[NEWS ANALYSIS]N.K. puts ball in Obama`s court

  • Published : Mar 30, 2010 - 15:46
  • Updated : Mar 30, 2010 - 15:46
U.S. President Barack Obama must now decide whether to engage the communist state in one-on-one talks following Pyongyang`s latest bout of threats, including the reversals of the nuclear disablement process.
"The ball is now definitely in President Obama`s court. Bilateral talks with the United States is what the North has been aiming for right from the start, and it will continue to up the offensive until it gets its way," said Chun Seong-whun, researcher at the Korea Institute for National Unification.
"To stop the situation from getting worse, the United States will have to agree to exclusive talks with North Korea."
On Tuesday, North Korea issued a Foreign Ministry statement denouncing the U.N. Security Council`s presidential statement condeming Pyongyang`s Sunday rocket launch.
The North said it would reverse its nuclear disablement and boycott the six-party talks designed to end its nuclear weapons programs, in addition to strengthening its nuclear deterrent.
Pyongyang also has ordered the pullout of all remaining U.N. nuclear inspectors.
Considering the sharply hostile tone of the statement, experts said it was likely for Obama to eventually reach out to North Korean leader Kim Jong-il.
"Special representative Stephen Bosworth has already indicated that the United States is open to talks with North Korea. It has left that door open," said Baek Seung-joo, a North Korean specialist at the Korea Institute for Defense Analyses.
But there would be distinct "redline" to how much he would permit the North, such as drawing the line against any attempts to reverse the disablement process, Baek added.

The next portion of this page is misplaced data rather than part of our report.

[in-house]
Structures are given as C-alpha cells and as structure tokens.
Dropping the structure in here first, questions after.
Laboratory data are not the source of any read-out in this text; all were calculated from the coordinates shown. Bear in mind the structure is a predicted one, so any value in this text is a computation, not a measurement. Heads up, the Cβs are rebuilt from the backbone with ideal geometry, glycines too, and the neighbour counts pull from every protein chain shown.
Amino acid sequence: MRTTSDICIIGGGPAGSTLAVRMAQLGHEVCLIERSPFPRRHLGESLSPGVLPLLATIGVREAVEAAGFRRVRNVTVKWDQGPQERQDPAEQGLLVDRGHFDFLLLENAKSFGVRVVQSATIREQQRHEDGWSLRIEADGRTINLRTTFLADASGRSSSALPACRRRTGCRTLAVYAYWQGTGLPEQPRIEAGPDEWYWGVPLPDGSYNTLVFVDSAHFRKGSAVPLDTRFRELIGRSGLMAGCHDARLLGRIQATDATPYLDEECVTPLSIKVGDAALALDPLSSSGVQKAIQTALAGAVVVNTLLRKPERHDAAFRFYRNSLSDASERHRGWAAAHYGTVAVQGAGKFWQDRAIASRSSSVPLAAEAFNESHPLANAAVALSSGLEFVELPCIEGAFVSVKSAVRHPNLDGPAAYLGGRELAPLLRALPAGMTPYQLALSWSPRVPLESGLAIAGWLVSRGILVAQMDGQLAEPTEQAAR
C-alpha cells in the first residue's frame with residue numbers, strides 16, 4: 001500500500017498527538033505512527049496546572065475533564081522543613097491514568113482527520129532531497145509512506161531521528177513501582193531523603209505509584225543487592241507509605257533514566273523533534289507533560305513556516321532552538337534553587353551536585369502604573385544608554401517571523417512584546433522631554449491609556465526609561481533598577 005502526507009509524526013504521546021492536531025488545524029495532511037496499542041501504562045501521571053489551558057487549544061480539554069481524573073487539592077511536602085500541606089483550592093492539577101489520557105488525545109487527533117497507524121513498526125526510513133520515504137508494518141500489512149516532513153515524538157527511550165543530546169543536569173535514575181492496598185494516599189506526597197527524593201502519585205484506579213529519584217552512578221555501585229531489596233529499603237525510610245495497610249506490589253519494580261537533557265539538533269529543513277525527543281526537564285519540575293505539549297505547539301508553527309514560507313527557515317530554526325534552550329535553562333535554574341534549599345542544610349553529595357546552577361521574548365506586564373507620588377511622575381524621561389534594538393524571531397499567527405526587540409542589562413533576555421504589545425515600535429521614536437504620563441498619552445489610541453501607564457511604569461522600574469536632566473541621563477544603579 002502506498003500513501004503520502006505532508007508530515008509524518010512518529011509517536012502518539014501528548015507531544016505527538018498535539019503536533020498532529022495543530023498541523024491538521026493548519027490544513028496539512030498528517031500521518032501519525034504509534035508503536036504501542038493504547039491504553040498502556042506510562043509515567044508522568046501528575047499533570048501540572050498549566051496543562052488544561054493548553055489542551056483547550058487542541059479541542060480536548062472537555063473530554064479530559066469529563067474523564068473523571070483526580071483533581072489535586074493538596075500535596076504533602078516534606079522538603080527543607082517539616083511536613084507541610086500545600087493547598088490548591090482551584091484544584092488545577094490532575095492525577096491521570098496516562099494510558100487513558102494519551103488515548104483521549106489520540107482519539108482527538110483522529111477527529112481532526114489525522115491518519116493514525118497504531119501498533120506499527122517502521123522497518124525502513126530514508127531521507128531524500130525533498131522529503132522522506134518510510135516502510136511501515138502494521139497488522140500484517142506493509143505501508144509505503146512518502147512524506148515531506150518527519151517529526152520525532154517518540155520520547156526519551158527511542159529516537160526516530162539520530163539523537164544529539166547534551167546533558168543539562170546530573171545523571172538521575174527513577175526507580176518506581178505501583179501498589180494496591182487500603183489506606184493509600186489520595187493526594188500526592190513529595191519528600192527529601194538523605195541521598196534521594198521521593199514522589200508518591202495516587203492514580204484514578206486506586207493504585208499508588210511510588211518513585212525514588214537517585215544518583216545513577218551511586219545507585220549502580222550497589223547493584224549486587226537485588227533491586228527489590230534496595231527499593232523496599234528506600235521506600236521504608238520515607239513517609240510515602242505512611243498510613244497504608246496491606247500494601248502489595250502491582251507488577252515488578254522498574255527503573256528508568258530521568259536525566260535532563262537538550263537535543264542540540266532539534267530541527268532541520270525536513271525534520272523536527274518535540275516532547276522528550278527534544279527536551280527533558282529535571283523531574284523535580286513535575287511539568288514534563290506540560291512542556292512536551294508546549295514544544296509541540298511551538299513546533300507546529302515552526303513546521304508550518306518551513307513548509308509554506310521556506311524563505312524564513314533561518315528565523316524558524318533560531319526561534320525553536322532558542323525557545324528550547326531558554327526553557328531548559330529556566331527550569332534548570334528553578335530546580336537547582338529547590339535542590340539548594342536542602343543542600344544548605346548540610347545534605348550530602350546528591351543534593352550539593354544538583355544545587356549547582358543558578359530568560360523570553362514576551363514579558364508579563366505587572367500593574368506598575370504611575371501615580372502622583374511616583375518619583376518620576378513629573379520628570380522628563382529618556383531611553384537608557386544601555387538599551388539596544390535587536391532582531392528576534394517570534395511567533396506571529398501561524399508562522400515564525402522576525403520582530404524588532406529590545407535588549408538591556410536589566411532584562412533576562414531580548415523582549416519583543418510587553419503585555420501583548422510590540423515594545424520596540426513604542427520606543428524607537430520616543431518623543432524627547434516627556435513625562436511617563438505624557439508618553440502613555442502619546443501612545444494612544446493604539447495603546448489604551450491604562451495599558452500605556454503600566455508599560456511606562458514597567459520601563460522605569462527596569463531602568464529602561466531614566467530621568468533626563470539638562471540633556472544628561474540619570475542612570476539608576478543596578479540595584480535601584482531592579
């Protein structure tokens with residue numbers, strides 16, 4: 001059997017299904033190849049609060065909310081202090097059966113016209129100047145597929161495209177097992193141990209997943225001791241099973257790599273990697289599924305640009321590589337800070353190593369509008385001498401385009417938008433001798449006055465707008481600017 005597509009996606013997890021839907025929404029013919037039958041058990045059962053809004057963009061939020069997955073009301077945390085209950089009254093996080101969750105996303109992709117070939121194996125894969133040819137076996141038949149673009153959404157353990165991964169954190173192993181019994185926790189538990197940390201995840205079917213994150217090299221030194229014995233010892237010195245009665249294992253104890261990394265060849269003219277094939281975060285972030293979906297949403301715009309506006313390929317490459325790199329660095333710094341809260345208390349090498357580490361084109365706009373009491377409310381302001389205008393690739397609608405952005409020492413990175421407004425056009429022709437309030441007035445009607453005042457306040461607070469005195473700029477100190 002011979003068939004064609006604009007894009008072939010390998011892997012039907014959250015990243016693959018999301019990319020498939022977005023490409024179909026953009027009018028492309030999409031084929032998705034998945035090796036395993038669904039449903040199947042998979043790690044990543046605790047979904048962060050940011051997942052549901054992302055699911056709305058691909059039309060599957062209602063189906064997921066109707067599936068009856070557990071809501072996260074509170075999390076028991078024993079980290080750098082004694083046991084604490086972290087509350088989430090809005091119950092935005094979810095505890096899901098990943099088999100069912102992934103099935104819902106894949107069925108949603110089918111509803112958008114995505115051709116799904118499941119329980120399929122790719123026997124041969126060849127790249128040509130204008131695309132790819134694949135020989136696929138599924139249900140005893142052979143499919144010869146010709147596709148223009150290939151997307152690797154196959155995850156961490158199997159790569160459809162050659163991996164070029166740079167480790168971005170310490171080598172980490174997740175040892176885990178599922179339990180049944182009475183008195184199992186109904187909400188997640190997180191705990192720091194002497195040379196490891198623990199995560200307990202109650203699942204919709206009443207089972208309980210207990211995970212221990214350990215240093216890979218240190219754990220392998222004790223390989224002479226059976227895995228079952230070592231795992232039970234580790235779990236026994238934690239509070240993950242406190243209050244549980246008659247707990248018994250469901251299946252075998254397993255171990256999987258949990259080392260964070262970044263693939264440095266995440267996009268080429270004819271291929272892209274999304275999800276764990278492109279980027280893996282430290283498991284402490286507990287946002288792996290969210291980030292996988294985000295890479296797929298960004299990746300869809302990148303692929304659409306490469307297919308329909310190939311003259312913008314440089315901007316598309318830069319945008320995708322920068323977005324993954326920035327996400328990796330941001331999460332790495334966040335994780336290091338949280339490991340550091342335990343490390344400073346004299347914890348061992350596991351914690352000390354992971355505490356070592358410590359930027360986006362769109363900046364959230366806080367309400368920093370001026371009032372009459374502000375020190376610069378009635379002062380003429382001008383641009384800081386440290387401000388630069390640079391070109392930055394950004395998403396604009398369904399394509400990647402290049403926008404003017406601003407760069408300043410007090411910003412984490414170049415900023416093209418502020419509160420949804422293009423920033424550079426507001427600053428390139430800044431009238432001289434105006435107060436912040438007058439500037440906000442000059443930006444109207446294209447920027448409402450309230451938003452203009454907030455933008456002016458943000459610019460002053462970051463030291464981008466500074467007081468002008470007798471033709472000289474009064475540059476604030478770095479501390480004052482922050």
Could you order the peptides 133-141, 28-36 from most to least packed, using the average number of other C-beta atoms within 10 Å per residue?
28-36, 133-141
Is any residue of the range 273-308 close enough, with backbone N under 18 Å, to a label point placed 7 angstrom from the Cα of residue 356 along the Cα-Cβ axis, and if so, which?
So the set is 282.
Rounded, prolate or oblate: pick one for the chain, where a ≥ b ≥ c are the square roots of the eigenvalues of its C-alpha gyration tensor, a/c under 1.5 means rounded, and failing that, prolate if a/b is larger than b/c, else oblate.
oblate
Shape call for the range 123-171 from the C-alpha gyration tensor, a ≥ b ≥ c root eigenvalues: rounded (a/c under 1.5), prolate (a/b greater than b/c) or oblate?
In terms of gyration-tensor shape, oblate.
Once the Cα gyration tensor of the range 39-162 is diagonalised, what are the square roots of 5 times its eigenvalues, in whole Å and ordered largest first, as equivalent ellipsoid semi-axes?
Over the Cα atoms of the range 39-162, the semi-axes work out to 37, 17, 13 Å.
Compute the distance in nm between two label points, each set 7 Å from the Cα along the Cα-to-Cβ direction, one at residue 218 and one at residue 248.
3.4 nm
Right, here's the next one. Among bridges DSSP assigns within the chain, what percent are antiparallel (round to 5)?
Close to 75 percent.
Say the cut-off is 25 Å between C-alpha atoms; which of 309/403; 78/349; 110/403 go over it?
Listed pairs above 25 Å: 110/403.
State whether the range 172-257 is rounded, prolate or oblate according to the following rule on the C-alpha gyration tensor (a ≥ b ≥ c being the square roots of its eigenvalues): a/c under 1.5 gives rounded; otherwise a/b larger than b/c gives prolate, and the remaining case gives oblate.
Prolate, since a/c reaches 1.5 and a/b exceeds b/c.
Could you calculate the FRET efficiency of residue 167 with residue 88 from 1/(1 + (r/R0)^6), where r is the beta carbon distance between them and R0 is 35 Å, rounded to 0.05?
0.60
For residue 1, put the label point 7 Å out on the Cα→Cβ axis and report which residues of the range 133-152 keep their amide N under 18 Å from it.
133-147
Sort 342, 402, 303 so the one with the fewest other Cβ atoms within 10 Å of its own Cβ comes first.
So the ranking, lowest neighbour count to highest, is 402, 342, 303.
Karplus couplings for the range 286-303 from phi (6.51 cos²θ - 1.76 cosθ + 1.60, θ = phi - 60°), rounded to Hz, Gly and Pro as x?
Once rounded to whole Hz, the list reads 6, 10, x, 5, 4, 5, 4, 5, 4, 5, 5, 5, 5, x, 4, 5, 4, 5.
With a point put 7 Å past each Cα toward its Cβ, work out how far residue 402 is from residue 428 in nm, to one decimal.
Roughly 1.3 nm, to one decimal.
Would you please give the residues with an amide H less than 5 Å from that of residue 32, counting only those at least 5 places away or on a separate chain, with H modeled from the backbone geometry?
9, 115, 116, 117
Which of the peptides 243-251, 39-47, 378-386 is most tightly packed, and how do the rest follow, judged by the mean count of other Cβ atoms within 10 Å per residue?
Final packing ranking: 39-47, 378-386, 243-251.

In the meantime, the six-party talks - put on hold since December - were expected to remain deadlocked, as the North said it would "never again" return to the discussions.
"It will take some time for the six-nation talks to get back on track. At least until North Korea and the United States manage to strike a new deal," said Chun.
"For the time being, the North has indeed gained more chips to bargain with, since it has now turned the entire process back to square one."
Regarding Seoul`s role in engaging Pyongyang, critics said the government would first have to patch up inter-Korean relations before it can try to get through to the North.
North Korea, in apparent attempts to get the upper hand in future relations with the United States, has been engaging in a series of saber-rattling measures aimed at grabbing Obama`s attention.
Most of the criticism had been targeted at Seoul, with Pyongyang threatening military action and shutting down the inter-Korean border several times. On Sunday, it defied international warnings to fire a long-range rocket.
The U.N. Security Council consequently issued a presidential statement, although it failed to adopt a new resolution as Seoul, Washington and Tokyo had called for. The statement largely focused on reactivating the sanctions towards the North drafted in the council Resolution 1718 adopted shortly after Pyongyang`s first nuclear test in 2006.
By Kim Ji-hyun